Jencunas: RI Unions - When You’re Out, You’re Out
Friday, April 03, 2015
It’s true for interest groups as well, and as the labor endorsement no longer translates to victory at the ballot box, labor unions will see that their allies are few and far between. The 2011 pension reform law has been finalized by a settlement, and the future will hold more defeats for Rhode Island’s public sector unions.
Barring some unforeseen incident, the pension settlement between Rhode Island and the state’s many public sector unions is a done deal. The terms haven’t been made public yet, but all but two unions have voted to accept them. Functionally, that means every union has accepted them, since the dissenters don’t have the resources to effectively continue the legal battle.
The settlement means the 2011 law that reduced future retirement benefits by $4 billion will remain mostly intact. This saves the state hundreds of millions of dollars a year. However, the settlement concedes $290 million in total unfunded pension liability compared to if the 2011 law were implemented as intended.
The Legal Merits
On the legal merits, the settlement is unsurprising. Legal experts thought the merits favored the state, but neither side could risk losing at trial. For the unions, defeat would make it easier for the state to make pension cuts, since they wouldn’t fear litigation. For the state, defeat would end any hope of reforming the overly generous pension deals of yesteryear.
If a Rhode Island politician from the 80s or 90s read about the settlement, they’d think the state was wrong. Pension deals were something that might happen down South, or in the Midwest, but in Little Rhody labor’s power was unassailable.
Back then, labor got results. Teachers went on strike in 1984, defying a court order, and were rewarded with generous concessions. In 1994, the fire fighters union’s endorsement of Buddy Cianci was a major factor in his reelection. In 1996, labor opposition was a key factor in Joe Paolino’s surprising loss to an unknown challenger in the Democratic Congressional primary.
The statehouse was dominated by representatives who were friendly to labor, with many representatives earning generous salaries in union sinecures. The judiciary was similarly friendly. In 1983 giving unions total control over pension adjustments in Providence. the Supreme Court ruling in favor of 6% COLAs in 2000.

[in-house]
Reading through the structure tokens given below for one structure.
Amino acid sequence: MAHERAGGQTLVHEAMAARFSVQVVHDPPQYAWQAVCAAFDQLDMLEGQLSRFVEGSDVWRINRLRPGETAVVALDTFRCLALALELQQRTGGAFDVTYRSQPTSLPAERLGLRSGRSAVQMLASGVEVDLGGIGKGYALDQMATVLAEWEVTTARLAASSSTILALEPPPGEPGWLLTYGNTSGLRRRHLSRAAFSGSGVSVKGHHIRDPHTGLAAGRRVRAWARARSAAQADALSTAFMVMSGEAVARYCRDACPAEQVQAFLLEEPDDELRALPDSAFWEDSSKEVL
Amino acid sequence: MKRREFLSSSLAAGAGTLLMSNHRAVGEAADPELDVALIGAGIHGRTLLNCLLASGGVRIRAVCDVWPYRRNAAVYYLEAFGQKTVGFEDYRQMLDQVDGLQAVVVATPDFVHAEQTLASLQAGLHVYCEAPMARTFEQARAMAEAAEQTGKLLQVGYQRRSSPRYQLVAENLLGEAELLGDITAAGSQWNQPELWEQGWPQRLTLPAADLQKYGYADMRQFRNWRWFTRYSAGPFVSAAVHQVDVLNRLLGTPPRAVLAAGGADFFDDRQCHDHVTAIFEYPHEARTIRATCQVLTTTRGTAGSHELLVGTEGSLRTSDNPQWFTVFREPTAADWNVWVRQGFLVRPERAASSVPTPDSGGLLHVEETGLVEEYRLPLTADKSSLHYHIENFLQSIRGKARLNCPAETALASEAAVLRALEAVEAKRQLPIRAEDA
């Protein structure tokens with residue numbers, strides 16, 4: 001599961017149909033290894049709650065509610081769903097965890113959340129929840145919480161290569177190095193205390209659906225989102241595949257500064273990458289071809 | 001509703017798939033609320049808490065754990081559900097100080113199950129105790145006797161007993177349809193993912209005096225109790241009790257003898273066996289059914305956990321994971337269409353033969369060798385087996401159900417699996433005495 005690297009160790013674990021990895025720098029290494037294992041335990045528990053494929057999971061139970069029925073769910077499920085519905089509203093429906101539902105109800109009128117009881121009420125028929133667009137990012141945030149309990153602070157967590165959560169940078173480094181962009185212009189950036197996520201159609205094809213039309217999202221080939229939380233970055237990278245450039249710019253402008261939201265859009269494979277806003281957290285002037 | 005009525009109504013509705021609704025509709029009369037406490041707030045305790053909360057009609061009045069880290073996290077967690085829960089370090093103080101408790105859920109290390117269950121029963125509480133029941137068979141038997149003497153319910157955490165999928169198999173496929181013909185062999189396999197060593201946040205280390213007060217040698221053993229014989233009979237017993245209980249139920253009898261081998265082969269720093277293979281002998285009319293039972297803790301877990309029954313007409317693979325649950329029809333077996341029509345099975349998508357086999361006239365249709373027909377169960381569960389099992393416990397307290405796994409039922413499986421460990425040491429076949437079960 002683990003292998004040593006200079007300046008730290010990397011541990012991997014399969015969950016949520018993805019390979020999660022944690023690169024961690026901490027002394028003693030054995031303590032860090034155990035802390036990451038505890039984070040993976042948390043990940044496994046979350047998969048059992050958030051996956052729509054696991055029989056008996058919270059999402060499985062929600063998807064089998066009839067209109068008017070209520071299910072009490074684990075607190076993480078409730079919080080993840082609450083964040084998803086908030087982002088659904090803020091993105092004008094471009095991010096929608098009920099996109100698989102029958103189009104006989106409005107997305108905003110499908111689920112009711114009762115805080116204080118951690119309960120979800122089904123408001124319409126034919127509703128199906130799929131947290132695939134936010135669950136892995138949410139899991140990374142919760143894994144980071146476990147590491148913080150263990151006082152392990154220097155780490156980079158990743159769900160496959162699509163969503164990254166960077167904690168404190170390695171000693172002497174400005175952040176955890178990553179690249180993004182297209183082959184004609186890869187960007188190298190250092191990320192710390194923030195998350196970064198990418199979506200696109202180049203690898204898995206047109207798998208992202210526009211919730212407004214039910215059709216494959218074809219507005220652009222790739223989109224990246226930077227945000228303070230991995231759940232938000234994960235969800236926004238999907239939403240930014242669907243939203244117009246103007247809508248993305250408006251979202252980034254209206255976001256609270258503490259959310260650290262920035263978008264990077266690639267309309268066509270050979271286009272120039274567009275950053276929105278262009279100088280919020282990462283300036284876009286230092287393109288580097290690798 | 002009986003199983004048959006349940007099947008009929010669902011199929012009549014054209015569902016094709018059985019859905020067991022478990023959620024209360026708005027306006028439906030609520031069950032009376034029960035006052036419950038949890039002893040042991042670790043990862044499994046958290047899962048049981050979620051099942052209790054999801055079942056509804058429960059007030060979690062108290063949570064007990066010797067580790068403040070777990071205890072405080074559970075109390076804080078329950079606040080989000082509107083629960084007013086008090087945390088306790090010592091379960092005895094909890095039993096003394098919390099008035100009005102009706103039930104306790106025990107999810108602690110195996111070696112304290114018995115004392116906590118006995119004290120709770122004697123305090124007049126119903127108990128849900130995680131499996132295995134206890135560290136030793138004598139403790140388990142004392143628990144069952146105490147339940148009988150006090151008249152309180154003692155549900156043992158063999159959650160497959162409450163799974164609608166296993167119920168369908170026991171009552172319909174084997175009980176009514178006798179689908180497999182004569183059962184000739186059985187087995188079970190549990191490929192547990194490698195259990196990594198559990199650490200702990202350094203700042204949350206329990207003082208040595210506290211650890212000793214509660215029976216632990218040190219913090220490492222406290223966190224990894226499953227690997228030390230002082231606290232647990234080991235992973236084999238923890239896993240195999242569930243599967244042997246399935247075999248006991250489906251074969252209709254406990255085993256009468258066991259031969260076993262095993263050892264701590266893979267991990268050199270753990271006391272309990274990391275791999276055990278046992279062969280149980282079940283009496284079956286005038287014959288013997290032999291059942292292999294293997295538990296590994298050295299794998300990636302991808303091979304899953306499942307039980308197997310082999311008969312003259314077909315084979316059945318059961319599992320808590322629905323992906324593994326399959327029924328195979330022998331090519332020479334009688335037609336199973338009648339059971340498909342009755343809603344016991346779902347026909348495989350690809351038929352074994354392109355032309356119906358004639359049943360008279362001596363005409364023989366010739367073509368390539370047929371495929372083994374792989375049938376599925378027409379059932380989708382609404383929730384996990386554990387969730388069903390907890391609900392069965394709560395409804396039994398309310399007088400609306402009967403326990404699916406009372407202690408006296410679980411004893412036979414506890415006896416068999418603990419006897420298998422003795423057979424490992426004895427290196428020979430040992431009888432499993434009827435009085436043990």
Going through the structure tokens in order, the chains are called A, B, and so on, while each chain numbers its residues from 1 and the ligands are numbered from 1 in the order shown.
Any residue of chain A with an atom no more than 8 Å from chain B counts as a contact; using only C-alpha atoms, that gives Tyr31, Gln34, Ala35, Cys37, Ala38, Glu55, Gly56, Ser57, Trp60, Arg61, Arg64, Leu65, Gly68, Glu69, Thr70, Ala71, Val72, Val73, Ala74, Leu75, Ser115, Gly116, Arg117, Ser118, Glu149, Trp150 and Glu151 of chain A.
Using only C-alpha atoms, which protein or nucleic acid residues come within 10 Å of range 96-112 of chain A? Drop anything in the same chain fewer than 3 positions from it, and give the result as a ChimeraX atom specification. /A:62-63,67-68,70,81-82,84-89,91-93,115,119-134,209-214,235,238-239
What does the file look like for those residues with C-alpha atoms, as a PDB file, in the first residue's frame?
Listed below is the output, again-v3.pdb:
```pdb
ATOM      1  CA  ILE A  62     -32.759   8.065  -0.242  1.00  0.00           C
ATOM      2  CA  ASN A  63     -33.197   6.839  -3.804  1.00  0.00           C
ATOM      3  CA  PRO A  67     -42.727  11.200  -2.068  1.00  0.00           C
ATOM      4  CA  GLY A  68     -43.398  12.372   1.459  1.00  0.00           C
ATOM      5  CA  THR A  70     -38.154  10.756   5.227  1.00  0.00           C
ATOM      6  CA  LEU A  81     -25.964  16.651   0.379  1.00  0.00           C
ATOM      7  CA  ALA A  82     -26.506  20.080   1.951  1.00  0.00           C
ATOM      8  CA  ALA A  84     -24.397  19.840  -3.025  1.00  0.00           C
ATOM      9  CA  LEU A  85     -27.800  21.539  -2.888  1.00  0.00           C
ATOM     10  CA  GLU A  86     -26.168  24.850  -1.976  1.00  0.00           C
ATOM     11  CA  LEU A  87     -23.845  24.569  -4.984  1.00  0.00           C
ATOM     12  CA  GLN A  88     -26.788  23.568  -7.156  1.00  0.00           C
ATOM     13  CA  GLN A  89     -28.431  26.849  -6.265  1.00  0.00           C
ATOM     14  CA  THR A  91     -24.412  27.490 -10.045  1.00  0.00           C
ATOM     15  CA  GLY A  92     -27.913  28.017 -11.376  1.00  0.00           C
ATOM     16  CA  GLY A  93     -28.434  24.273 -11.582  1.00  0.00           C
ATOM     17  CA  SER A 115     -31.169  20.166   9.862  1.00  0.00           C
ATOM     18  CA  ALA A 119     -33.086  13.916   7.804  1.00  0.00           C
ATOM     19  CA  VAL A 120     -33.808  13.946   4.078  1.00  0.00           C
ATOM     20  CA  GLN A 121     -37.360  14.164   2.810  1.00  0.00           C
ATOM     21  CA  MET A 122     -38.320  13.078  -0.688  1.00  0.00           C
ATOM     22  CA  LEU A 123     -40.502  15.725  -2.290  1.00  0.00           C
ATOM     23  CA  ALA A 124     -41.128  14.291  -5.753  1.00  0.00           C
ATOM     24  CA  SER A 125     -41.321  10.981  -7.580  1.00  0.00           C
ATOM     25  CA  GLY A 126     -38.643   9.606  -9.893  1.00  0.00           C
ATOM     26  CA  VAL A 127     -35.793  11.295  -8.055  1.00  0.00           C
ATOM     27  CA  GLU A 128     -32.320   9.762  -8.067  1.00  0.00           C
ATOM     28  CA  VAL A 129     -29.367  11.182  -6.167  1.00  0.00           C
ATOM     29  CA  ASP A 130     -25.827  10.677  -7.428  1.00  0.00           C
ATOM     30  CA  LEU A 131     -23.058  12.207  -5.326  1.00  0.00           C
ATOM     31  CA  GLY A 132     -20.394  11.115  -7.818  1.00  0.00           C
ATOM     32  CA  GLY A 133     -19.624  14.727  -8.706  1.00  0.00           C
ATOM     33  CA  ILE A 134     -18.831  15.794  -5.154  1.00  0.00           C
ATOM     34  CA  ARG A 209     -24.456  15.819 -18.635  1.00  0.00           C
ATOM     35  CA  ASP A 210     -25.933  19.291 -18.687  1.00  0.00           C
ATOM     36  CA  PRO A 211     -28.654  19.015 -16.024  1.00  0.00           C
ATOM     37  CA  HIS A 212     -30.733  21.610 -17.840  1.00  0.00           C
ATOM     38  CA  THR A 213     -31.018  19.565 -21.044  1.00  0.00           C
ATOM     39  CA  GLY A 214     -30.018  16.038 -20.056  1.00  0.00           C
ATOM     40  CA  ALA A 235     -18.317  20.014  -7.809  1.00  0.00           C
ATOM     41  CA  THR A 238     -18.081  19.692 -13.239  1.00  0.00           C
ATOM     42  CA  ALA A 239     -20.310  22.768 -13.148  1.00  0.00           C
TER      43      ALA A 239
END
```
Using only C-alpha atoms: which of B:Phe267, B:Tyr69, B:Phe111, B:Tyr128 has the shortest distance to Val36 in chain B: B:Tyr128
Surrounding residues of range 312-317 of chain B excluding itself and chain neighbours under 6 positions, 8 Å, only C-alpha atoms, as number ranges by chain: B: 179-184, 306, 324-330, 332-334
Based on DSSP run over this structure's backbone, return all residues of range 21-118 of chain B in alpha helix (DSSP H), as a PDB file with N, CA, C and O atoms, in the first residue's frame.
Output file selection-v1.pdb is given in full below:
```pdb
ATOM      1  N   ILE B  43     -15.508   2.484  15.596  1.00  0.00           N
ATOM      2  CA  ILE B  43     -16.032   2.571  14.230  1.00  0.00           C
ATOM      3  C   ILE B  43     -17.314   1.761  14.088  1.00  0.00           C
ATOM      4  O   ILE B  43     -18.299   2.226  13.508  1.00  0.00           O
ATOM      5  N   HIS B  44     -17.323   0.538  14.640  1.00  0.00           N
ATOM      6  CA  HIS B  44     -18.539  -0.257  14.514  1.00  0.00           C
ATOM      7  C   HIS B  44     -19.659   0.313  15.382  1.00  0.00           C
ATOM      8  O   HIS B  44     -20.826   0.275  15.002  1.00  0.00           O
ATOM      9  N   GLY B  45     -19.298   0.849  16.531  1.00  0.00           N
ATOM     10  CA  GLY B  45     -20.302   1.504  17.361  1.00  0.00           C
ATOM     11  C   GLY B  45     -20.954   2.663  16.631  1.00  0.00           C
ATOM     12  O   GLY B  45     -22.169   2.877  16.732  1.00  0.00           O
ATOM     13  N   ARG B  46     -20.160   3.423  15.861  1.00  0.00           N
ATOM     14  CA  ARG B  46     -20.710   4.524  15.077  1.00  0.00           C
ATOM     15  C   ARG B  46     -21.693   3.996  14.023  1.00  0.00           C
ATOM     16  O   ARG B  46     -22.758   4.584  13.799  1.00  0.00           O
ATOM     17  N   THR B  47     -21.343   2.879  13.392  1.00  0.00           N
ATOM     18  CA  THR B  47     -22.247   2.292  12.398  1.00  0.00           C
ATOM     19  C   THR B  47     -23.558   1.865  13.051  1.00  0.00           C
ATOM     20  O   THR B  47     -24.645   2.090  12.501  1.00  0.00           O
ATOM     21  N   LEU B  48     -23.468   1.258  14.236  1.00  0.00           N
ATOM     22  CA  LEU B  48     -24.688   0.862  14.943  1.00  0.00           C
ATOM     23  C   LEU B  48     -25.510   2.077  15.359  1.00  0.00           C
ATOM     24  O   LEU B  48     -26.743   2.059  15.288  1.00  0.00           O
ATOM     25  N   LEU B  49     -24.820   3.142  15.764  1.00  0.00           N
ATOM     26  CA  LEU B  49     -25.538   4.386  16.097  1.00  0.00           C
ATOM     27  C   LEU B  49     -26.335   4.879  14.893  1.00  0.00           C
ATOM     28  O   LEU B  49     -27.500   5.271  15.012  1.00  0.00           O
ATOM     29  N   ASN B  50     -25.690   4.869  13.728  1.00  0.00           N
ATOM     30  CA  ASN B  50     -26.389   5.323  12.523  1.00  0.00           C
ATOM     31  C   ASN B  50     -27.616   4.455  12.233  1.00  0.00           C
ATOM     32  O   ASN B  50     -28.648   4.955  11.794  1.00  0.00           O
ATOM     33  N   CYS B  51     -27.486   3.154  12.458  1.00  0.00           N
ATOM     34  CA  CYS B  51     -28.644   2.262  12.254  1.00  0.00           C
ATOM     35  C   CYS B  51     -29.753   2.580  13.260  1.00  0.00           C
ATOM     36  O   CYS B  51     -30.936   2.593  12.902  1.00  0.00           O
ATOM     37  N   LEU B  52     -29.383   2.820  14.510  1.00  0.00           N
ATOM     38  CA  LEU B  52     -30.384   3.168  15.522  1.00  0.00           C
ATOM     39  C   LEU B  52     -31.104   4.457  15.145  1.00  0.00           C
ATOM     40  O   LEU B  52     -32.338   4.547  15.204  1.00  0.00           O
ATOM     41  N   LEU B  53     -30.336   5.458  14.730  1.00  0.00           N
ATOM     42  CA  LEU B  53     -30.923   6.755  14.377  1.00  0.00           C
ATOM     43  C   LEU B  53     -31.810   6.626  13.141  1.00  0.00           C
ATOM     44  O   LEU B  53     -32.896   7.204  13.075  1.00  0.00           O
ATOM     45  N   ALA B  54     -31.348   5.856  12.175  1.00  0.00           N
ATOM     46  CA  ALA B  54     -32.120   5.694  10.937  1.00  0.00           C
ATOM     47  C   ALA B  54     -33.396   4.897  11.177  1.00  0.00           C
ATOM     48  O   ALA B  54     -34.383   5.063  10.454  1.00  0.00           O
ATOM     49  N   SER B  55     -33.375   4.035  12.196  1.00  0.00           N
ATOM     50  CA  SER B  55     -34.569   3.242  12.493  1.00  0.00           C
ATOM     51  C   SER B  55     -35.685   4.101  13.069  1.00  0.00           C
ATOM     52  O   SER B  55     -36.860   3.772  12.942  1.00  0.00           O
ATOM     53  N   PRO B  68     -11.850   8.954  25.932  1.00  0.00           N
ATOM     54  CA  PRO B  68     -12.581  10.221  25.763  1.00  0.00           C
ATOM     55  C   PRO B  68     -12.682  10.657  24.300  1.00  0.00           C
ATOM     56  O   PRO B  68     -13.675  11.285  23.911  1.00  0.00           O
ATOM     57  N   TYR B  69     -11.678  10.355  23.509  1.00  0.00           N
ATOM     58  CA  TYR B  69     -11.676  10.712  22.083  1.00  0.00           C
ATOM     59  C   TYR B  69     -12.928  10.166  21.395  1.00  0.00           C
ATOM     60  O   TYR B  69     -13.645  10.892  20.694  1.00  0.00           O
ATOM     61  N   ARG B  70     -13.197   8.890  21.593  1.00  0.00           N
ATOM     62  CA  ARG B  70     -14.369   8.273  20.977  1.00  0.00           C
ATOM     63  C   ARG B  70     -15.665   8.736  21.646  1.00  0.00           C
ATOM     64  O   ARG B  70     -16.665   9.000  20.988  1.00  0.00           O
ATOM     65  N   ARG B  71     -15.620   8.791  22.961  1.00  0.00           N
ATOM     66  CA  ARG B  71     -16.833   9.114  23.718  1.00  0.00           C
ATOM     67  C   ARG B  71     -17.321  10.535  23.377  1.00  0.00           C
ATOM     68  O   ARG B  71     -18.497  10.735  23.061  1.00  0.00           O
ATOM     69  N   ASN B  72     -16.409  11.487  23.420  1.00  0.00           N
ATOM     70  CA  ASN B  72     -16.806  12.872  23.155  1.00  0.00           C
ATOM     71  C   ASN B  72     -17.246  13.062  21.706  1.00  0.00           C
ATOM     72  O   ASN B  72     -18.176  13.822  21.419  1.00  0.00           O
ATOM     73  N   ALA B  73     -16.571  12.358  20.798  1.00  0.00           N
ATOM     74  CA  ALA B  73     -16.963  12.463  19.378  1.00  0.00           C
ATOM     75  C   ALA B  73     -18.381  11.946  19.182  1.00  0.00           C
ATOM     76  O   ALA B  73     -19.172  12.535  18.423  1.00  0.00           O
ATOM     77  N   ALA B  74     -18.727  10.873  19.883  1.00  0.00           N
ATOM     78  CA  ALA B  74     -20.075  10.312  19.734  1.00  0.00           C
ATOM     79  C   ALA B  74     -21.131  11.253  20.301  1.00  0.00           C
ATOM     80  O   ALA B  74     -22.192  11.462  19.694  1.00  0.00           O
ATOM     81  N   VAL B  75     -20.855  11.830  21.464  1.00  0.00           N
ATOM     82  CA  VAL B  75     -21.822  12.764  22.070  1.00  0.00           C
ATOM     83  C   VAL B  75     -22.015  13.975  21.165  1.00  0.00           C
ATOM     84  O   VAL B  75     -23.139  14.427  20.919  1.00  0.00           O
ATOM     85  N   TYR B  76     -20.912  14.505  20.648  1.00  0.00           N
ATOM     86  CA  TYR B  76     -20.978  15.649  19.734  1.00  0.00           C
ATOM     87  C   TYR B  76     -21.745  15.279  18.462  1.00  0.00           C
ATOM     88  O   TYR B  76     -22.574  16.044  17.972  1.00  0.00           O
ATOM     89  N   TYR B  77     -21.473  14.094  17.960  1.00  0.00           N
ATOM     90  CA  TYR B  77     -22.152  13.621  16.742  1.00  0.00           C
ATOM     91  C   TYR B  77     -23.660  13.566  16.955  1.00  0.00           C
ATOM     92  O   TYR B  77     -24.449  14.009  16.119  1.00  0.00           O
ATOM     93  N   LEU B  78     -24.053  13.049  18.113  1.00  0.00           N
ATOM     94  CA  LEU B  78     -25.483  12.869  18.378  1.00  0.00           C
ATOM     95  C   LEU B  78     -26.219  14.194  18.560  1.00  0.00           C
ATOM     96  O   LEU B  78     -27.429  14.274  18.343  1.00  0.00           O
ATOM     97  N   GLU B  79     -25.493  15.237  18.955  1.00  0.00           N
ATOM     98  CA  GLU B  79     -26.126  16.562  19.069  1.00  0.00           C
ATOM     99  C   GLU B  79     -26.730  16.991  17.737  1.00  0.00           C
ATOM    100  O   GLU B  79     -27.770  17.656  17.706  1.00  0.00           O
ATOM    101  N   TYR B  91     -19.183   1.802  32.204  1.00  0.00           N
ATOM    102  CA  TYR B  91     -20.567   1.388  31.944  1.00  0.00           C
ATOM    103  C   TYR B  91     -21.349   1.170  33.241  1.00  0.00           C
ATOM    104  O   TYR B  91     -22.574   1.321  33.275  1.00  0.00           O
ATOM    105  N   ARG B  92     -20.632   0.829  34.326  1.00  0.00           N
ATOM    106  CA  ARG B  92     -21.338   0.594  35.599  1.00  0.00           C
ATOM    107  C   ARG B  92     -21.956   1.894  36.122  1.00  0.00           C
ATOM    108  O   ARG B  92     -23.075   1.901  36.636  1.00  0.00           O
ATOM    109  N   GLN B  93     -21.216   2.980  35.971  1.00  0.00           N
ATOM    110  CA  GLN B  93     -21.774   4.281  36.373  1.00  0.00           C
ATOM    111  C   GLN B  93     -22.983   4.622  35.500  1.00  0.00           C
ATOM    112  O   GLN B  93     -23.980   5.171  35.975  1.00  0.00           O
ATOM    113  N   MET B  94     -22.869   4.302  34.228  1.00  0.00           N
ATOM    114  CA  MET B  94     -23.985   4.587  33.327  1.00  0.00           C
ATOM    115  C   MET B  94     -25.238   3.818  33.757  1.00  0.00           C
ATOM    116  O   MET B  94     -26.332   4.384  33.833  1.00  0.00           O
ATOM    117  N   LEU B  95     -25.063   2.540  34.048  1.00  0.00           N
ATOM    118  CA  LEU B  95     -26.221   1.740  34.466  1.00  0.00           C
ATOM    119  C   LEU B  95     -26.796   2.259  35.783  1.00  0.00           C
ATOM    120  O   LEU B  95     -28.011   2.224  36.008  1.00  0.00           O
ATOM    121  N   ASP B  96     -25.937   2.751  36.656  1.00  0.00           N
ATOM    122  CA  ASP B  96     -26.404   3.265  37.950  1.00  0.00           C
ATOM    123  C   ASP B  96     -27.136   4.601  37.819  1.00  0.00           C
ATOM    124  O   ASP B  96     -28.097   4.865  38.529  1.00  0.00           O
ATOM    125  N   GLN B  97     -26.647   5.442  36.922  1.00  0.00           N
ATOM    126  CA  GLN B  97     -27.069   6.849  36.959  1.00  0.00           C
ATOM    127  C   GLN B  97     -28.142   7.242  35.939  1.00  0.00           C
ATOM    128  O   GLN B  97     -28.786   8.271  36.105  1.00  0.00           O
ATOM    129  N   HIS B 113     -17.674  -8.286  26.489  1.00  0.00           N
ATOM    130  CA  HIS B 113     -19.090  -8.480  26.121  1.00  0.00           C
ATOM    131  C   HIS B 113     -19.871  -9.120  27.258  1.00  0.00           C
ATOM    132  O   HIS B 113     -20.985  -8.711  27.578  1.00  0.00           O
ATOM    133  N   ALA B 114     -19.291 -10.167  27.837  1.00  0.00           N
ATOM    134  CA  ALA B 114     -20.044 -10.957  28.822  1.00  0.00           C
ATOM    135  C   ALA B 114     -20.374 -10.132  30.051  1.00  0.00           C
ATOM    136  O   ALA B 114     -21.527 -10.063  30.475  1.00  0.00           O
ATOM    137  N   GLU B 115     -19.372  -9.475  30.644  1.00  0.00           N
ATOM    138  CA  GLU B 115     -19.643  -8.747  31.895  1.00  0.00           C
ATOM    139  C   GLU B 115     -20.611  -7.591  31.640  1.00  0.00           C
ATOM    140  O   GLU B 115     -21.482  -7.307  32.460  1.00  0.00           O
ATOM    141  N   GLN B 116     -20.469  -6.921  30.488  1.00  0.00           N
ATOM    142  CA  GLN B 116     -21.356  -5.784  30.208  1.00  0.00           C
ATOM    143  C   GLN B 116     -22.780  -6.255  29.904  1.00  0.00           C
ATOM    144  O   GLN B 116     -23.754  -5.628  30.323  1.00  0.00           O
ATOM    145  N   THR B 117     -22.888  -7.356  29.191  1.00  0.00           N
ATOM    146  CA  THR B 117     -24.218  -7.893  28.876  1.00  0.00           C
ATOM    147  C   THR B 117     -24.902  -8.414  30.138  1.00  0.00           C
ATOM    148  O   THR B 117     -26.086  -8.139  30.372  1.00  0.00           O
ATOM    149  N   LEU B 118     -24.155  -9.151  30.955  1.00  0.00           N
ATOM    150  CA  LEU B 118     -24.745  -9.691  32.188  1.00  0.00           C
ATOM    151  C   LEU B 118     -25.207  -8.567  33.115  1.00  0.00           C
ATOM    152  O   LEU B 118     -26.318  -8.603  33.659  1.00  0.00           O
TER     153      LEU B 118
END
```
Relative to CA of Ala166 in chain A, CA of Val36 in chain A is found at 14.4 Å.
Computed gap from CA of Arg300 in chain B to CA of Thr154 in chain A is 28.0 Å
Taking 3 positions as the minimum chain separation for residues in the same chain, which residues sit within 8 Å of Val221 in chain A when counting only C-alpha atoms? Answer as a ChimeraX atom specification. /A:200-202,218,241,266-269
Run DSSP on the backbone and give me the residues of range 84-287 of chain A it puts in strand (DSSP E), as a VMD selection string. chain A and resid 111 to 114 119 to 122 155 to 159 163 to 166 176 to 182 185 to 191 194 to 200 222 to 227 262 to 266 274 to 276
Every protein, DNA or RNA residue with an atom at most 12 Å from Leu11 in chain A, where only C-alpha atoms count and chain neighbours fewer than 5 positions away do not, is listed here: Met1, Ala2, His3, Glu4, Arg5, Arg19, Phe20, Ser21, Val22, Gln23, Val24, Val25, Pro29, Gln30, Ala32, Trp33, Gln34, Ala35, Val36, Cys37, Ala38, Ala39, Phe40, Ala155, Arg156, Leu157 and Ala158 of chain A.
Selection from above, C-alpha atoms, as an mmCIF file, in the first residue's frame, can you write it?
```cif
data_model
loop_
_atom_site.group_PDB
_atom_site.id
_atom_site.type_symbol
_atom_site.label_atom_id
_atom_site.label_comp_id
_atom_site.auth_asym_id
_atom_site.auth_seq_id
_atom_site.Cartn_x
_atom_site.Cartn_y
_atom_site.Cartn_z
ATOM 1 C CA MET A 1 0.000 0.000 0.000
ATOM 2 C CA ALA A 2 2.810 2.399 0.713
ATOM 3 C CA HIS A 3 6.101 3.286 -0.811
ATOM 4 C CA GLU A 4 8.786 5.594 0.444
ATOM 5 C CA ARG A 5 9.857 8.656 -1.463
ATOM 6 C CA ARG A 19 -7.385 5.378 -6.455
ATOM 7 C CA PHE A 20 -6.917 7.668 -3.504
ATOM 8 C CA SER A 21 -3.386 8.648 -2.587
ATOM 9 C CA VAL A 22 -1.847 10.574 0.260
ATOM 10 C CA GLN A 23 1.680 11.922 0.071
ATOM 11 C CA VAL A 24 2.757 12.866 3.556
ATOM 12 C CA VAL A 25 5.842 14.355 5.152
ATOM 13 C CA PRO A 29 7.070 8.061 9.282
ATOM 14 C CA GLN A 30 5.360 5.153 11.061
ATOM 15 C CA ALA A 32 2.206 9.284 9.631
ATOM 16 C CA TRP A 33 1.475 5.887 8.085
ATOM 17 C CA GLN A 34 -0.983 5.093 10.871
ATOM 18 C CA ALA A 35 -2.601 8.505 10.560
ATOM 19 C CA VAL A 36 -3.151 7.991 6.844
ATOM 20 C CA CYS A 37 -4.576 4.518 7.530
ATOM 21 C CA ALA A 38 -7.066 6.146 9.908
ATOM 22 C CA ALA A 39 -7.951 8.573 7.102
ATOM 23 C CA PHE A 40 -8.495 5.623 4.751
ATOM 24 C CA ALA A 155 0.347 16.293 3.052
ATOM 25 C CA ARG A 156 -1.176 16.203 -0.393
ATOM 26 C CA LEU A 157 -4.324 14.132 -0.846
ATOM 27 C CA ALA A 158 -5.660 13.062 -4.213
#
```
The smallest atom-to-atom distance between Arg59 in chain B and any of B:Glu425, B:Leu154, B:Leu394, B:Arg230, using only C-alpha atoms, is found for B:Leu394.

Times have changed. Labor’s foe Gina Raimondo handily won the Democratic primary, helped by a labor movement so disorganized they backed two separate opponents. Buddy Cianci was defeated in his comeback despite being endorsed by all of Providence’s major public unions. In the general election, labor endorsed Raimondo but only because her opponent’s positions were even less pro-union. For Lieutenant Governor, the union endorsement of Republican Catherine Taylor did nothing to help her against Dan McKee.
Labor isn’t powerless – the teachers’ union helped Speaker Mattiello oust recalcitrant Rep. Maria Cimini – but their recent electoral record has far more losses than wins.
These defeats will have real consequences for public sector unions. With Rhode Island constantly facing budget deficits, expect more pension reductions as politicians try to protect more politically powerful allies from the pain of budget cuts.
How can unions reverse their fortunes? By making hard choices and looking like part of the solution on pensions, not part of the problem. The settlement is a good choice for them, and unions should try and claim the lion’s share of the credit for the deal. The two unions who refuse to settle should be criticized, loudly and frequently, by the other unions.
This reasonableness should be repeated in future negotiations with the state, with unions focusing on limiting their losses rather than trying to hold the line against concessions. It will be painful for them, though heartening to me as a Republican, but it’s their best chance to rebuild credibility and therefore have more clout in future elections.
Brian Jencunas works as a communications and media consultant. He can be reached at [email protected] and always appreciates reader feedback.
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